Meet Doris, a 96-year-old woman living alone in her Stockholm apartment. She has few visitors, but her weekly Skype calls with Jenny—her American grandniece, and her only relative—give her great joy and remind her of her own youth.
When Doris was a girl, she was given an address book by her father, and ever since she has carefully documented everyone she met and loved throughout the years. Looking through the little book now, Doris sees the many crossed-out names of people long gone and is struck by the urge to put pen to paper. In writing down the stories of her colorful past—working as a maid in Sweden, modelling in Paris during the 30s, fleeing to Manhattan at the dawn of the Second World War—can she help Jenny, haunted by a difficult childhood, unlock the secrets of their family and finally look to the future? And whatever became of Allan, the love of Doris’s life?
A charming novel that prompts reflection on the stories we all should carry to the next generation, and the surprises in life that can await even the oldest among us, The Red Address Book introduces Sofia Lundberg as a wise—and irresistible—storyteller.
*I received a free copy from the publisher and chose to leave a voluntary review. Thank you!*
This is one of those books that give you a feel good feeling after reading it, but also make you think a bit.
We meet Doris, who is 96 years old and very lonely except the Skype calls with her (grandniece) , throughout the book we learn long with Jenny Doris’s past and what all she life has dealt her.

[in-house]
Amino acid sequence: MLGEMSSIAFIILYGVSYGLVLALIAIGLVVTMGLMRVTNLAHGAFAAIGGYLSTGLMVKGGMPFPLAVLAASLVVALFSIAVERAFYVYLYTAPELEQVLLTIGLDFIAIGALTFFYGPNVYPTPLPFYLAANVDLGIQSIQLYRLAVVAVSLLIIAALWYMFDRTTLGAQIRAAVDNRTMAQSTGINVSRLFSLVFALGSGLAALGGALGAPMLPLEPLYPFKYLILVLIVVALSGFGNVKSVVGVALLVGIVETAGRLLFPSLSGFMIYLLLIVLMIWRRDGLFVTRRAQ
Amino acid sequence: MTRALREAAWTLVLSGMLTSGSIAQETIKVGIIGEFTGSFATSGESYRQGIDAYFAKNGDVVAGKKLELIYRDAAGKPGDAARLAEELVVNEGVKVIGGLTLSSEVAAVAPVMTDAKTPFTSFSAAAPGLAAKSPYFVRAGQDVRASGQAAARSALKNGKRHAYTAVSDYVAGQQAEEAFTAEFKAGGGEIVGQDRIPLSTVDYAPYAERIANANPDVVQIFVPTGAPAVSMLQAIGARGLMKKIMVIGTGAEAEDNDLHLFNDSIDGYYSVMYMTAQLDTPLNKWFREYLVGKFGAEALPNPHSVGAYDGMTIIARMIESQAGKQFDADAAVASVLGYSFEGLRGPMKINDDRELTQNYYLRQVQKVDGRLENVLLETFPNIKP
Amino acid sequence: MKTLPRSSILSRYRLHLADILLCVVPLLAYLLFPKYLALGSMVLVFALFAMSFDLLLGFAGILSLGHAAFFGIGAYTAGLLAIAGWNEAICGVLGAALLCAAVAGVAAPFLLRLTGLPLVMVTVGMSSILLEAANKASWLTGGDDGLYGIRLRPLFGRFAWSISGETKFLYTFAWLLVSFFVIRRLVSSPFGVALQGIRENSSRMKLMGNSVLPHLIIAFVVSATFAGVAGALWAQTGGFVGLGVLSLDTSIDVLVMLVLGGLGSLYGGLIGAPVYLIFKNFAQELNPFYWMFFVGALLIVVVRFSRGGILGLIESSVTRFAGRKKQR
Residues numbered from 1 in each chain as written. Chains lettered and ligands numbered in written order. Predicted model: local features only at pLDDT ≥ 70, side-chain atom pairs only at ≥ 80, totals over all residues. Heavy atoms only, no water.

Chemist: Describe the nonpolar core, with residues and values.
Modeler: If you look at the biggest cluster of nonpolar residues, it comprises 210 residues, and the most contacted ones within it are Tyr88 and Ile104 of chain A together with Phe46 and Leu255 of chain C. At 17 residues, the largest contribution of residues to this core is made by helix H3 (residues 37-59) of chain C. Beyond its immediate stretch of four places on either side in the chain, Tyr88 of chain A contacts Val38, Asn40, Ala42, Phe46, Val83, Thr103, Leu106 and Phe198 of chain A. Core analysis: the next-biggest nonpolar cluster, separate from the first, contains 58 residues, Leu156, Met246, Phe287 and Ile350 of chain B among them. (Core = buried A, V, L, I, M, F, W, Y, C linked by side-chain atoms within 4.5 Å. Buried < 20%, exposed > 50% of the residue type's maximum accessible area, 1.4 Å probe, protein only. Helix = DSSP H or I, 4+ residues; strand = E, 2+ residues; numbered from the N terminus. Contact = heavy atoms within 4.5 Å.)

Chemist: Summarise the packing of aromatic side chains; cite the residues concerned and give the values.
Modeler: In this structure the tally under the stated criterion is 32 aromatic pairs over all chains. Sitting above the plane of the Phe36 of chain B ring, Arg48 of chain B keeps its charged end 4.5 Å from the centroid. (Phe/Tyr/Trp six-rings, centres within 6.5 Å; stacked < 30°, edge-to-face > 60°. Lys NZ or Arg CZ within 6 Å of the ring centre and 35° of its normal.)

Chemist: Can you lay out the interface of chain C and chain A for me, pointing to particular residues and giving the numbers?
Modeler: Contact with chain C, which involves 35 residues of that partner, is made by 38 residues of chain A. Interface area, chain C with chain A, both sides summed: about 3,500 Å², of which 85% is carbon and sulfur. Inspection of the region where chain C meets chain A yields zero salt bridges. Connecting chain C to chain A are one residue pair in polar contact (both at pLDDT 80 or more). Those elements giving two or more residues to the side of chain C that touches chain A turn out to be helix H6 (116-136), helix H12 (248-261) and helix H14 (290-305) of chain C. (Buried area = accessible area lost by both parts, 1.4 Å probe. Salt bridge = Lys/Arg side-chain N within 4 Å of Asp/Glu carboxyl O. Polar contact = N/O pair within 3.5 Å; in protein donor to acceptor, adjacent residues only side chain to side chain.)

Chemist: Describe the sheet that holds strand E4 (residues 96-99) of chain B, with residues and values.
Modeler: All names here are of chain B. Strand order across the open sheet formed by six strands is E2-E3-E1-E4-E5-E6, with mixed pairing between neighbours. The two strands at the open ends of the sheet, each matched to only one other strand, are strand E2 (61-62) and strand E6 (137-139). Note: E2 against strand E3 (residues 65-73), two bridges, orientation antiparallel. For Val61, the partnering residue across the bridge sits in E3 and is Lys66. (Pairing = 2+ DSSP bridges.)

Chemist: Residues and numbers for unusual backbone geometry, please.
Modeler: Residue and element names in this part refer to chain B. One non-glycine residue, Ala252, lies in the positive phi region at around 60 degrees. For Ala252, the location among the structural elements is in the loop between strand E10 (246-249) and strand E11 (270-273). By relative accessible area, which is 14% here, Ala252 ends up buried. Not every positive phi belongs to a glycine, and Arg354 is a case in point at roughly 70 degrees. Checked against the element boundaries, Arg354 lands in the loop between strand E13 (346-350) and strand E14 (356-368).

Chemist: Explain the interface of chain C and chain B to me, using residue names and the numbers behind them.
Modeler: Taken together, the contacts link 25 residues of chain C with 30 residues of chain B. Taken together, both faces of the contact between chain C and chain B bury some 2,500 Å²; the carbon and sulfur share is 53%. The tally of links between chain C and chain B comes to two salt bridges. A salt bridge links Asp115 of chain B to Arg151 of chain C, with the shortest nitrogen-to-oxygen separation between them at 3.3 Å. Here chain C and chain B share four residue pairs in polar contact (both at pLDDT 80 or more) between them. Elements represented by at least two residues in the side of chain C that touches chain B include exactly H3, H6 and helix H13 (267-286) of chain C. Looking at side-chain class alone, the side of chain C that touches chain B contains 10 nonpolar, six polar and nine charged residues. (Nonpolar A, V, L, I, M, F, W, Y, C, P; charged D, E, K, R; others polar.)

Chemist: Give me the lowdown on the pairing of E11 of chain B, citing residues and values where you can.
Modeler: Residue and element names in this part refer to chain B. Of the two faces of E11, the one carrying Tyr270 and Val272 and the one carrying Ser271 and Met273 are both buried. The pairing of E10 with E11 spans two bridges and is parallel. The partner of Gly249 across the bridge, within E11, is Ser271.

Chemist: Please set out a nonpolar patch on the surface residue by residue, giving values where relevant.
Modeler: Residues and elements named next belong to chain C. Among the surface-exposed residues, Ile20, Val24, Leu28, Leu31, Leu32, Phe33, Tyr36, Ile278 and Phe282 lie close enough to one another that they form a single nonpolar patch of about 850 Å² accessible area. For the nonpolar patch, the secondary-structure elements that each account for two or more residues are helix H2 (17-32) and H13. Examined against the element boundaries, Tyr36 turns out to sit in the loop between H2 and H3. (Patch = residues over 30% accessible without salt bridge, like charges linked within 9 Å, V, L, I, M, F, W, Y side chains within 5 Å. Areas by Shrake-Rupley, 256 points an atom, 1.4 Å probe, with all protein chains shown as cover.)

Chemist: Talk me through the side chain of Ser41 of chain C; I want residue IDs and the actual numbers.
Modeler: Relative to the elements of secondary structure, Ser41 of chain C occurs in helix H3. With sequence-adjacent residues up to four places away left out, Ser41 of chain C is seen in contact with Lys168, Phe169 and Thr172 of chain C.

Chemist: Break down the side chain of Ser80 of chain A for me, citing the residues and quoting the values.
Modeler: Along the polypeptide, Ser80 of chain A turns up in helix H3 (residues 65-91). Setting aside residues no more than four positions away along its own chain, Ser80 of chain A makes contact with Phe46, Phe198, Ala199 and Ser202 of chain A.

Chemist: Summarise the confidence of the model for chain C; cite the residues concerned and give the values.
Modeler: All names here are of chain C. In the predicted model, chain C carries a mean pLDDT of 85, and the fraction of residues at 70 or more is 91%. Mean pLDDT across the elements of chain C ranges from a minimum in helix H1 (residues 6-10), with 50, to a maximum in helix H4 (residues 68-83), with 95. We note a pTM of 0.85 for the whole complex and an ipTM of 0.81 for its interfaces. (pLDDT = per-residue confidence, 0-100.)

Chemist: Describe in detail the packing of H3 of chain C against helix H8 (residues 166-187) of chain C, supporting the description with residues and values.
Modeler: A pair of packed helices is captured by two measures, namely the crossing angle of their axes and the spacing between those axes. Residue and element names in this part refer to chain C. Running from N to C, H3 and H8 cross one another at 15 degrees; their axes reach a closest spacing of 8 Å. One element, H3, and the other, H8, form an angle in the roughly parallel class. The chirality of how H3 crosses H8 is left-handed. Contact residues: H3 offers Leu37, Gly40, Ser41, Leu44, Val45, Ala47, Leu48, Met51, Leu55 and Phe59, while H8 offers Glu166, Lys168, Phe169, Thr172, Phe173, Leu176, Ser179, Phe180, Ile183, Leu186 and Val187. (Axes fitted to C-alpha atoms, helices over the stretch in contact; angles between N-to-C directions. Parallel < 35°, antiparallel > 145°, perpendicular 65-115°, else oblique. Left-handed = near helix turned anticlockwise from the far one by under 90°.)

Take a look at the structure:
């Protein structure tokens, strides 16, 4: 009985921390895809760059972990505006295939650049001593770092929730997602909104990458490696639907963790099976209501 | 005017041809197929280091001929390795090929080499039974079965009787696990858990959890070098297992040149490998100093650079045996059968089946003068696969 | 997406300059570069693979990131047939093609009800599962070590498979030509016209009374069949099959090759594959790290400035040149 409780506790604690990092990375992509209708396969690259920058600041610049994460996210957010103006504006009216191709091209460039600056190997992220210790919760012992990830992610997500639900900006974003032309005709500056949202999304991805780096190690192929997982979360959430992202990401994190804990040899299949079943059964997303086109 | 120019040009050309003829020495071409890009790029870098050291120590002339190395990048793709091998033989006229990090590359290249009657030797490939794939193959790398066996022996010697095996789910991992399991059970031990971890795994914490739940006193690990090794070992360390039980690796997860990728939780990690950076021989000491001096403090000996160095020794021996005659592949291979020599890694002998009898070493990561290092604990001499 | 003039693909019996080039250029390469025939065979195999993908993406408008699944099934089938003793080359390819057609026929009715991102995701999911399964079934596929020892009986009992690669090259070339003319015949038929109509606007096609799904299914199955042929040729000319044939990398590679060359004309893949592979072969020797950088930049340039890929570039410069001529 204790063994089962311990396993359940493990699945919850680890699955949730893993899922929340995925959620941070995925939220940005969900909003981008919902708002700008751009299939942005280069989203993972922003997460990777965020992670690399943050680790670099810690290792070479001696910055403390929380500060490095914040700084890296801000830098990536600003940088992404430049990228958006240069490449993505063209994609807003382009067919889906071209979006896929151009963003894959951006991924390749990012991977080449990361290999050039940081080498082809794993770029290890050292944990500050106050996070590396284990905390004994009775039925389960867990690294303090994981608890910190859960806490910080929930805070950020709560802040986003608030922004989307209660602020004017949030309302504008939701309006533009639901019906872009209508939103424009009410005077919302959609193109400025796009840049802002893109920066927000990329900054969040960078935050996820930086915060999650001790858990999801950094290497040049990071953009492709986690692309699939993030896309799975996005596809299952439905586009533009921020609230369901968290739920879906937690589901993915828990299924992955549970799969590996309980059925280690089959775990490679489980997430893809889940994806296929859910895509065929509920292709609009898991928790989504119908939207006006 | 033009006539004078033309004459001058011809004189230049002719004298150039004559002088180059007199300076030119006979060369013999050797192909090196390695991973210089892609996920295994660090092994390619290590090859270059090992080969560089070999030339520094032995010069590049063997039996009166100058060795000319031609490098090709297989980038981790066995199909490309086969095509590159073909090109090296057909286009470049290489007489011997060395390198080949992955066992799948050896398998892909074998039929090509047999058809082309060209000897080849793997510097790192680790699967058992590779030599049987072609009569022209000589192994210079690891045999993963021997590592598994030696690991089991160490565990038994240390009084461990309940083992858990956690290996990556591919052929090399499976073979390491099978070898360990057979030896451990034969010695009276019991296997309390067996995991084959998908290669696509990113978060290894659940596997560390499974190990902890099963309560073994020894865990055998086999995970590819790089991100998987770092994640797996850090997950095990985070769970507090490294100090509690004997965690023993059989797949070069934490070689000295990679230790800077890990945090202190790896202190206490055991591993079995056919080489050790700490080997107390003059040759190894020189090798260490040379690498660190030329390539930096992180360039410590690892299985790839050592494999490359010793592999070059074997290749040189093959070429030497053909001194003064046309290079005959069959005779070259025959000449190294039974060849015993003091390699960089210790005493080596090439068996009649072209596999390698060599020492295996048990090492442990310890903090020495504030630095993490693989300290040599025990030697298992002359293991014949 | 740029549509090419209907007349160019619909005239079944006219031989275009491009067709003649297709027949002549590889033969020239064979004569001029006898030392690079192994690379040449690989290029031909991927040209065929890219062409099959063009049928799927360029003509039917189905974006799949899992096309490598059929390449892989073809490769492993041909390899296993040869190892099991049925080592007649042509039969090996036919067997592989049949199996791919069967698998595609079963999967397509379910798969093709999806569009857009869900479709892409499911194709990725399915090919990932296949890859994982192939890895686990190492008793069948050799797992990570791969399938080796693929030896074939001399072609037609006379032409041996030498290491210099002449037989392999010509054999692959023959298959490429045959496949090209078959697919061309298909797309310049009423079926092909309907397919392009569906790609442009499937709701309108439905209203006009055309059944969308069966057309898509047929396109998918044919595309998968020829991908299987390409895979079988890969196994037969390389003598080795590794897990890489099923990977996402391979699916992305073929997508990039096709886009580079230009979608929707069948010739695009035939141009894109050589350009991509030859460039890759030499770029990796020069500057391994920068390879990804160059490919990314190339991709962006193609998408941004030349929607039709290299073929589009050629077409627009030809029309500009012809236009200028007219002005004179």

All the people she met in her life and what and how big of an impact on her life that had.
The book heartwarming, but very emotional all over. Happy and sad, the good, the bad and even the ugly side of her life is laid out, all with the ups and downs.
I loved the writing, it just kept you glued and engaged to the story until the very last pages.
I really enjoyed how it all came together in the end.
Overall I really enjoyed this quick but fun and heartwarming book.
I rate it 4 ★
Will be available January 8, 2019.
I'll bend my rule about posting reviews for unreleased books as this 'The Red Address Book' has had considerable success in Europe even if the American edition won't be released for some time.
Sofia Lundberg's novel follows 96-year-old Doris as she remembers the people who have come and gone in her life, all of the crossed out names in the address book given to her by her father on her last birthday at home. Her only living relative is a grand niece Jennifer and Jennifer's children in America and Doris depends on their weekly Skype calls.
I can't say how accurate of a translation this is, but it read smoothly and had a light, easy to read style throughout. Doris is an independent woman, but a recent injury has left her vulnerable and the indignities attached to being dependent on visiting nurses and facing pressure to give up her home are well illustrated.
The novel picks up steam as the narrative picks out a few key people in Doris' address book - a book full of names, the majority of which are crossed out and marked 'deceased'. The conceit of the address book is a good one, but many readers will have problems with how, er, eventful Doris' life turns out to be. It isn't enough that she's lived a long life and taken care of loved ones, she has lived more than anyone else has ever in the history of living. The events of her life become more far-fetched as the story goes on.
You may be looking at my high rating. The book can be problematic, narratively and with some objectionable plot elements, but I was willing to suspend disbelief and enjoy the story even with its issues. Sappy, but satisfying.